New documentaries like Eric Steel's "The Bridge," a poignant and morbidly fascinating look at San Francisco's Golden Gate Bridge suicides -- many shockingly captured on film while they were happening -- will world premiere in New York, ironically, just days before showing in San Francisco.
"They felt it made sense for their marketing campaign," says Leggat, who adds that San Francisco doesn't demand U.S. premieres for their competition titles, so they can freely accommodate Tribeca films. "We don't have that same kind of pressure," he says with some relief. "It's not cutthroat here."
Tribeca also edged out San Francisco by a matter of days for the world premieres of "Beyond the Call," a documentary about three intrepid American humanitarian aid workers from filmmaker Adrian Belic ("Genghis Blues"), "Encounter Point," Ronit Avni and Julia Bacha's look at Israeli and Palestinian families, and acclaimed doc director Stanley Nelson's latest PBS project "Jonestown: The Life and Death of Peoples Temple."
Tribeca's world-premiere pull has increased as it cultivates itself as a place for the industry to converge on the way to Cannes. Sales agents are more gung-ho than ever, hoping to lure buyers into a bidding-war environment in Lower Manhattan. "When I see the level of films that are coming through," says one seller, "it's reasonable to expect that you're going to see more deals this year."
While TFF 2005 saw the purchase of "Transamerica" by The Weinstein Co., skeptical buyers are quick to remember that Duncan Tucker's film didn't premiere in Tribeca, but actually showed in Berlin first.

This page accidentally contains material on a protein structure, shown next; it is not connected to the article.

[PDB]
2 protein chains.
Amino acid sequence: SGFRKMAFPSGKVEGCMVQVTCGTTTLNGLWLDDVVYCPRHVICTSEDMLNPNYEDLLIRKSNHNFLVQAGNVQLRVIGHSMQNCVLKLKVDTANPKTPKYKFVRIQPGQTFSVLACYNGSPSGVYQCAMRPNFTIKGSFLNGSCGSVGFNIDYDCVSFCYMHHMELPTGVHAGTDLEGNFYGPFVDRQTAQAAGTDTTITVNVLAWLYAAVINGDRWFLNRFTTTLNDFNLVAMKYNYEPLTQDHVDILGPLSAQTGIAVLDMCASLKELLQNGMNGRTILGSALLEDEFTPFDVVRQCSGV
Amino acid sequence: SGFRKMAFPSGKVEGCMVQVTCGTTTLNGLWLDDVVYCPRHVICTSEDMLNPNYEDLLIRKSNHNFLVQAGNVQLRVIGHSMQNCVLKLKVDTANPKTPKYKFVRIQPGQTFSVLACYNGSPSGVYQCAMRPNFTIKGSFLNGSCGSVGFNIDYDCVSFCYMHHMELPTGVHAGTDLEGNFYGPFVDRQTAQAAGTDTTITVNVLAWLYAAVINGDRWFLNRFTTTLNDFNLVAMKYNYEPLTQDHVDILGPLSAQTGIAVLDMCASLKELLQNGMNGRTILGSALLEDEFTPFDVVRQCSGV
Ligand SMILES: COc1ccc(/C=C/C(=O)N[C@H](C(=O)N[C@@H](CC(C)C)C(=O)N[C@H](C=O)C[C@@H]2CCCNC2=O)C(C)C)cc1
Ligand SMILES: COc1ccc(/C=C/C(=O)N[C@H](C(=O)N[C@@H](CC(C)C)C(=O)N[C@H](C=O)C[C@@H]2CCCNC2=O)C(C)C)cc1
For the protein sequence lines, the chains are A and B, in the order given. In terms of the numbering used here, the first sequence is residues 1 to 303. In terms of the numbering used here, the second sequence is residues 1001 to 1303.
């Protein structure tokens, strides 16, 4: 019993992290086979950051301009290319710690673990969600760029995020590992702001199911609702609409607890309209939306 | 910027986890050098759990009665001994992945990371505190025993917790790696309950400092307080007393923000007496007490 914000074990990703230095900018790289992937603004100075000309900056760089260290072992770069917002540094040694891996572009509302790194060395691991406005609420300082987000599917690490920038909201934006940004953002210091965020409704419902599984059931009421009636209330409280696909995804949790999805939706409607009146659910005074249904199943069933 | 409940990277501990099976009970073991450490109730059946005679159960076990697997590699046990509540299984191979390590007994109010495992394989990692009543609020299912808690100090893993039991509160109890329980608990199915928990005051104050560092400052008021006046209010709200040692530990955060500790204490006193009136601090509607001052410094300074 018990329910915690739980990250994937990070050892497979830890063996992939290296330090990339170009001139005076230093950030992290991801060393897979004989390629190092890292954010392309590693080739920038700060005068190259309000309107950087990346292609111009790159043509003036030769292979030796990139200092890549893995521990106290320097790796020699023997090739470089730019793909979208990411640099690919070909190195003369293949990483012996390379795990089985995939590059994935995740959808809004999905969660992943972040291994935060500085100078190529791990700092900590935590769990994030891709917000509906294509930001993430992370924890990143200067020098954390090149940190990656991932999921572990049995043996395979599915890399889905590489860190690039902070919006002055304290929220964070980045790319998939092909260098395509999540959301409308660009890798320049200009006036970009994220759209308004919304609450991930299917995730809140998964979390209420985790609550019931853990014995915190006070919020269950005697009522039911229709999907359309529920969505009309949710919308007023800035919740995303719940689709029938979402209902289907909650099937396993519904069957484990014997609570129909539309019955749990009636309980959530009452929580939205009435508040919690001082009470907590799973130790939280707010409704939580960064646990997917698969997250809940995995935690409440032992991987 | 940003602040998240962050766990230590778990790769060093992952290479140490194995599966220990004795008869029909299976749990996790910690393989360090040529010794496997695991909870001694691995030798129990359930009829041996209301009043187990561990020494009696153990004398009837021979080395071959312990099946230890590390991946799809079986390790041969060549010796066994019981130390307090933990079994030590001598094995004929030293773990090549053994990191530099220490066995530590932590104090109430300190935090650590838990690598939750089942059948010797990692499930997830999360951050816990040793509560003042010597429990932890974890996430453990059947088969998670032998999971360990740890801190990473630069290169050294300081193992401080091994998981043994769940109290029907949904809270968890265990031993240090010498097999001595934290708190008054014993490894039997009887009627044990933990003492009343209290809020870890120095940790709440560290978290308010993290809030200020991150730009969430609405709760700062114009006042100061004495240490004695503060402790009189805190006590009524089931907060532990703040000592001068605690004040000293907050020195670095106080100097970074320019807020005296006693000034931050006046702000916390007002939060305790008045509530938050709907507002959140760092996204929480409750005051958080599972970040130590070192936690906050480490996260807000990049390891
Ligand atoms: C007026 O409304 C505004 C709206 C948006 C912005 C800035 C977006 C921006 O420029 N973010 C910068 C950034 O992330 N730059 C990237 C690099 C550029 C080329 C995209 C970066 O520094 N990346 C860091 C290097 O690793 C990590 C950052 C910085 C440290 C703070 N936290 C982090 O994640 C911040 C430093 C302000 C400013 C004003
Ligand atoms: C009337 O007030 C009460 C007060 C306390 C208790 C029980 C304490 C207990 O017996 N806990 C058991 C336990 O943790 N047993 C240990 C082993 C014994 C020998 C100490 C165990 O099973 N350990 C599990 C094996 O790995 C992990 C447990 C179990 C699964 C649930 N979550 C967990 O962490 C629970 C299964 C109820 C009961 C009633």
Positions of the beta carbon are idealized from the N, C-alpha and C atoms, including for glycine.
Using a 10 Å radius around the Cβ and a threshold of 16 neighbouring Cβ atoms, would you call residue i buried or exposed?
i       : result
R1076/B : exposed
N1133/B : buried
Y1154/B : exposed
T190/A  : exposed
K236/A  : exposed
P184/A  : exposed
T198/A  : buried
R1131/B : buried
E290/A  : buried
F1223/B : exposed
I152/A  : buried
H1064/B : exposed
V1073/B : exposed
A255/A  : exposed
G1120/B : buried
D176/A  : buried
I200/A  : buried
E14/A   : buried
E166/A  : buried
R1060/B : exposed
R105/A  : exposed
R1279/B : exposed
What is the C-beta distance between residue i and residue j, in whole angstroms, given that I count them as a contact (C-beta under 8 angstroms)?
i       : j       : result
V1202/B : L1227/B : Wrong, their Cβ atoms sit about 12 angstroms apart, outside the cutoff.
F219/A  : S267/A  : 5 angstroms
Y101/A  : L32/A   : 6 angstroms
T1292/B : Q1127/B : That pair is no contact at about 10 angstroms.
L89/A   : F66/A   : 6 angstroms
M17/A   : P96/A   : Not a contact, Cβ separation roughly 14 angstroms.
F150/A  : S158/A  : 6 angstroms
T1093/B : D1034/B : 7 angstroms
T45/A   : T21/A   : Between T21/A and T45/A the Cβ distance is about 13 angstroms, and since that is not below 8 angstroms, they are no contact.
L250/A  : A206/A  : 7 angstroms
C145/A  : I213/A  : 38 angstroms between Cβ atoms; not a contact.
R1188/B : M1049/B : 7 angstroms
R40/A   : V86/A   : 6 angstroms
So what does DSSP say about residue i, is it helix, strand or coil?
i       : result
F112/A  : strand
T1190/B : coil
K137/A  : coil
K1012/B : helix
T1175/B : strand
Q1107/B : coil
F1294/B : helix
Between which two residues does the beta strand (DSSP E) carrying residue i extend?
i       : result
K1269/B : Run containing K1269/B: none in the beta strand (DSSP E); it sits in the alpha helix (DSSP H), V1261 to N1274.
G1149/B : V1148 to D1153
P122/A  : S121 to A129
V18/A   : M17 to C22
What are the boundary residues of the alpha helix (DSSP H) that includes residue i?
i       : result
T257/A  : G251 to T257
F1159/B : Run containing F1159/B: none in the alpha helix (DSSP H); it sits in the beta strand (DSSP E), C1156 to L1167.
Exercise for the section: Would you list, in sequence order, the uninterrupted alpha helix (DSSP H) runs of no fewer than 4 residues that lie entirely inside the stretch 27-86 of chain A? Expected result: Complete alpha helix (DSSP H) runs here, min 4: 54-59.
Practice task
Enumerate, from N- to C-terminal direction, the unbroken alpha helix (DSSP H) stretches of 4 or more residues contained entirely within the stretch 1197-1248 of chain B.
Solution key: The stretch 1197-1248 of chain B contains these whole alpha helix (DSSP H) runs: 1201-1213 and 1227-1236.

Tribeca may be hosting its biggest number of world premieres yet, but most of the films in the event's international competition are not - a sure sign that programmers preferred more curated quality to newness in the section. Potential winners here include recent Malaga fest standout "The Mist in the Palm Trees," Argentina's already celebrated anti-war drama "Blessed by Fire," and recent Berlin favorite Matthias Glasner's provocative "The Free Will." (Notably, the international competition features no Chinese pictures, which have taken Tribeca's top jury prize the last three years in a row.)
This year's TFF lineup features plenty of star-studded available titles that acquisition execs say they'll be targeting, such as the Colin Hanks surveillance thriller "Alone With Her," "Lonely Hearts," which stars Salma Hayek and Jared Leto as the "honeymoon killers" and "Manito" director Eric Eason's "Journey to the End of the Night," with Brendan Fraser, Catalina Sandino Moreno, and Mos Def. But will these world premieres turn out to be as commercial (or well-conceived) as they sound on paper?